Encouraging Athletes to Engage in More Balanced Self-Evaluation – david royle

Course Director Phil Kearney:  The first cohort of coaches on the MSc Applied Sports Coaching at UL completed their studies in August and I am very much looking forward to the graduation ceremony in January. While we are no longer in regular contact, I am looking forward to staying in touch and continuing our conversations on coaching. On the back of one such email conversation, David Royle has put together this short blog on an important issue within his coaching in karate and how the MSc has influenced his practice.



Encouraging Athletes to Engage in More Balanced Self-Evaluation

The reflective article you sent reminded me of a challenge we face in karate; karateka are so focused on the execution of technique that they fail to reinforce their improvements during and after training and often neglect to reward themselves, which is essential for their personal development. 

When I ask a karateka what they did well, I find it interesting that they genuinely struggle with the question for several reasons:

  1. They are often shocked that a Sensei coach asked them that question in the first place.
  2. Their confidence and self-esteem are low, and they are beating themselves up and cannot find the answer.
  3. They are fearful of overly praising themselves as others may perceive this as cocky, yet the same karateka is perfectly happy to openly say what they are not doing so well and how bad they are performing.  

I believe the issue stems from karate coaches developing a culture predicated from the hierarchy structure involved in karate, meaning that Sensei (coach) who holds the highest rank creates a disciplined environment of obedience and respect similar to the military; for example, all karateka line up in a ranking system and follow their Sensei’s every instruction.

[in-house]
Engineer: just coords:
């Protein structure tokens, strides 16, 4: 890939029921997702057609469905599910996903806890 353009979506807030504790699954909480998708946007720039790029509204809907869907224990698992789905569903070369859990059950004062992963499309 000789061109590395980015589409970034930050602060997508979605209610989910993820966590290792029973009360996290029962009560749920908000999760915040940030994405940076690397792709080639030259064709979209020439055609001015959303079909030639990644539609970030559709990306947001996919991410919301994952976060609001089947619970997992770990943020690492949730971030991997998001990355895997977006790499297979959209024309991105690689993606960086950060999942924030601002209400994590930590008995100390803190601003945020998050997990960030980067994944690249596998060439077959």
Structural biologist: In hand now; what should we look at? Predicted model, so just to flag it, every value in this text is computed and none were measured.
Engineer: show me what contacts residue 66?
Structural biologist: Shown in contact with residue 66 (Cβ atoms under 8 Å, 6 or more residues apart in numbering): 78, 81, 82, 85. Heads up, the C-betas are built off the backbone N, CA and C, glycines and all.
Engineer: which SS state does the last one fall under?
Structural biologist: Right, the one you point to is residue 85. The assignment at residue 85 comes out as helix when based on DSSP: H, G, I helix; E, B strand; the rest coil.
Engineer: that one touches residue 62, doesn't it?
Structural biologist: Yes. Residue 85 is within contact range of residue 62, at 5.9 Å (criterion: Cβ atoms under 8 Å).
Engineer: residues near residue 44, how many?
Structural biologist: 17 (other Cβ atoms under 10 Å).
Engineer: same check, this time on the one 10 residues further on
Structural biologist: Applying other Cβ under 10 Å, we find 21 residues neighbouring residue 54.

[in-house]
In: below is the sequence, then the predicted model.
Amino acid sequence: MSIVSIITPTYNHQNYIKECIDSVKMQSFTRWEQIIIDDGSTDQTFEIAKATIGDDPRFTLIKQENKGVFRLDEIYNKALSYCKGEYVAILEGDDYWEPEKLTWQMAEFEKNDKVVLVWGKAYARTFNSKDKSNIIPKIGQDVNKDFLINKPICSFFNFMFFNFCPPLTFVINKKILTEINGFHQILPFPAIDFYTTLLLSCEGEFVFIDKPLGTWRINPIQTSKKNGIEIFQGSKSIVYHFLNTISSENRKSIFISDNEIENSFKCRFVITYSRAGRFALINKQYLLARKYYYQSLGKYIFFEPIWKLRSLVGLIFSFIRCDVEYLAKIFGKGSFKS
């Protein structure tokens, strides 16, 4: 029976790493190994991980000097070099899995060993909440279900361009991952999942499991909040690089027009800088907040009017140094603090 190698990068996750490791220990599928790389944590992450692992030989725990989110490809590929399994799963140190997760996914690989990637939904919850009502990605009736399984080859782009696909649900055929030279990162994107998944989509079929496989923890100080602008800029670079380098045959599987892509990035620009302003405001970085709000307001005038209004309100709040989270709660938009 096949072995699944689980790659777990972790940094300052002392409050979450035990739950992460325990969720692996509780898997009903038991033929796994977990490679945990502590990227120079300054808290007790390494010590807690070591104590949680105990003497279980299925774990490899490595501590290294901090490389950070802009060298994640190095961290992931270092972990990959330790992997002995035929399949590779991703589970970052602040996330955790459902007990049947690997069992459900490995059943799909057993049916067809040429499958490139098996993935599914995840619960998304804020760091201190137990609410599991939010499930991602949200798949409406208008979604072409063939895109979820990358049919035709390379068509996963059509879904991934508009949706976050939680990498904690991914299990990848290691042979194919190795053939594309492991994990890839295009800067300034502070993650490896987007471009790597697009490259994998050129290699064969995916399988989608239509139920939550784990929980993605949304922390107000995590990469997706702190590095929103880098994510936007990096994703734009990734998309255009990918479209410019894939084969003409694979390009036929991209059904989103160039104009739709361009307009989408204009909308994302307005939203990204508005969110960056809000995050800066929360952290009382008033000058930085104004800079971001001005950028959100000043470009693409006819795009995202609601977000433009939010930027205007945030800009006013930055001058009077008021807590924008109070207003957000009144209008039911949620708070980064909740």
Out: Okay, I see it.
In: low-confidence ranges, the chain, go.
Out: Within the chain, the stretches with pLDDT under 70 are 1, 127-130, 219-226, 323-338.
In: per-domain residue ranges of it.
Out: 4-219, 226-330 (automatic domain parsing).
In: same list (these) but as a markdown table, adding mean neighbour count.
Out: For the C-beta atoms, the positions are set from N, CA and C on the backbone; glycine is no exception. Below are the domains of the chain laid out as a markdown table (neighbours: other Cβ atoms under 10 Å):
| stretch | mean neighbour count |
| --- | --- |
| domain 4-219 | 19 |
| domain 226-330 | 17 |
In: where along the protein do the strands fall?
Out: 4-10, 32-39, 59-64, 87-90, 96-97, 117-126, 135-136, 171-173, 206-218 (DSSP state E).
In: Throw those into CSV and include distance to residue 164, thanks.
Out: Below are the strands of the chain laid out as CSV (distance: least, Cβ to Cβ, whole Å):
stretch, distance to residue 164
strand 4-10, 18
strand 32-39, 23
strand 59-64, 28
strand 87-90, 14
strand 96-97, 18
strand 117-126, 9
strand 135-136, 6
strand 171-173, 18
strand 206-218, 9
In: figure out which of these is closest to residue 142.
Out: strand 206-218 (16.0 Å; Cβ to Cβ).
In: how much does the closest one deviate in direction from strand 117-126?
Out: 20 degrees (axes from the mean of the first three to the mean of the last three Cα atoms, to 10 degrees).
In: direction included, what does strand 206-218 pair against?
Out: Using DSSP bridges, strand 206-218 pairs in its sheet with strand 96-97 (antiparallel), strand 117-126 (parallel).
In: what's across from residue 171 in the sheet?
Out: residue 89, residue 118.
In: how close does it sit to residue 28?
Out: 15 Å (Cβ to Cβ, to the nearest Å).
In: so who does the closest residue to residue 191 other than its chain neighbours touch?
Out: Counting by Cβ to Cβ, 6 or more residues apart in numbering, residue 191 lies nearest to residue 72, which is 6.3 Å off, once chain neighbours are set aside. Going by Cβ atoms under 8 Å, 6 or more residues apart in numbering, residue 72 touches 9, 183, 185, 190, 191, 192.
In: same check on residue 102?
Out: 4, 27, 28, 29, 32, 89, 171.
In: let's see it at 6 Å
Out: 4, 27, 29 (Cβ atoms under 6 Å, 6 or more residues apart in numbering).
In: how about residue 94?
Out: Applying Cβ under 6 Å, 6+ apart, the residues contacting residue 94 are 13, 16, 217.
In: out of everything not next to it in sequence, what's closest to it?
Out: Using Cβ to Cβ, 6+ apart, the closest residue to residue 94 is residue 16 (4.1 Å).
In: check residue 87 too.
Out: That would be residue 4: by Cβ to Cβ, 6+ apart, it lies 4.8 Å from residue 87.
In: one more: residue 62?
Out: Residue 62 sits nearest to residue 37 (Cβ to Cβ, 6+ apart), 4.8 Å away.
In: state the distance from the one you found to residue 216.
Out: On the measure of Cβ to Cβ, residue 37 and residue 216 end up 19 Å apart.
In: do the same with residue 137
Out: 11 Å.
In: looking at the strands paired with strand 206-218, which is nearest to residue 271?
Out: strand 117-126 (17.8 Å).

While there are many benefits of creating a disciplined environment like this, Senseis often rely on instruction and physical demonstrations as their primary coach behaviours.  Given the complexity of karate movements, levels of instructional behaviours are necessary. However, excessive instruction creates over-dependence from the athlete on the coach, consequently reducing the athlete’s ability to make decisions independently, increasing the likelihood of error, and compromising skill optimisation. Furthermore, athletes tend to listen less when instructions are predominately centred on errors, potentially demotivating athletes and leaving them feeling disconnected from the coach. Consequently, karate coaches are often unintentionally causing more harm than good as they don’t pay enough attention to affirming what the athlete is doing well.  In my earlier days of coaching, I would have been part of the problem rather than the solution; thankfully, that has changed.


To encourage athletes to engage in a more balanced self-evaluation, I address the need to consider what was done well and what needs improvement openly and honestly. I use examples to the group, reminding them of some of the negative thoughts they may have during training. I suggest they highlight what they have done well first and dispense with any self-ridicule; this is followed with open questions in conjunction with meaningful affirmations that connects and rewards with the karateka effort as a person as well as skill; this approach enhances a trustful relationship while providing constructive meaningful feedback using the reflective process. Indeed, this creates a better learning environment and I have seen improvements in karateka’s self-confidence and their ability to embrace many challenges as a result.

Since I began the MSc, I have acquired an abundance of reflective skills that I have consistently applied. These reflective methods also capture my thoughts and emotions in life. I have come to realize that I also beat myself up at times, failing to recognize my life improvements; consequently, this has held me back, just like the karateka. Engaging in deeper reflective practice has helped me to  practice what I preach and bring the same philosophy that I have within the dojo into my life experiences.

Dr. Phil Kearney is the Course Director of the MSc Applied Sports Coaching in the Department of Physical Education and Sport Sciences, Faculty of Education and Health Sciences,  University of Limerick. View Phil’s profile:  https://www.ul.ie/pess/iframe-staff/dr-philip-kearney

Contact: philip.kearney@ul.ie. Research Profiles: Researchgate: https://www.researchgate.net/profile/Phil-Kearney, ORCID: http://orcid.org/0000-0003-3425-663X, Google Scholar: https://scholar.google.co.uk/citations?user=ZFggoBgAAAAJ&hl=en Twitter @kearney_phil

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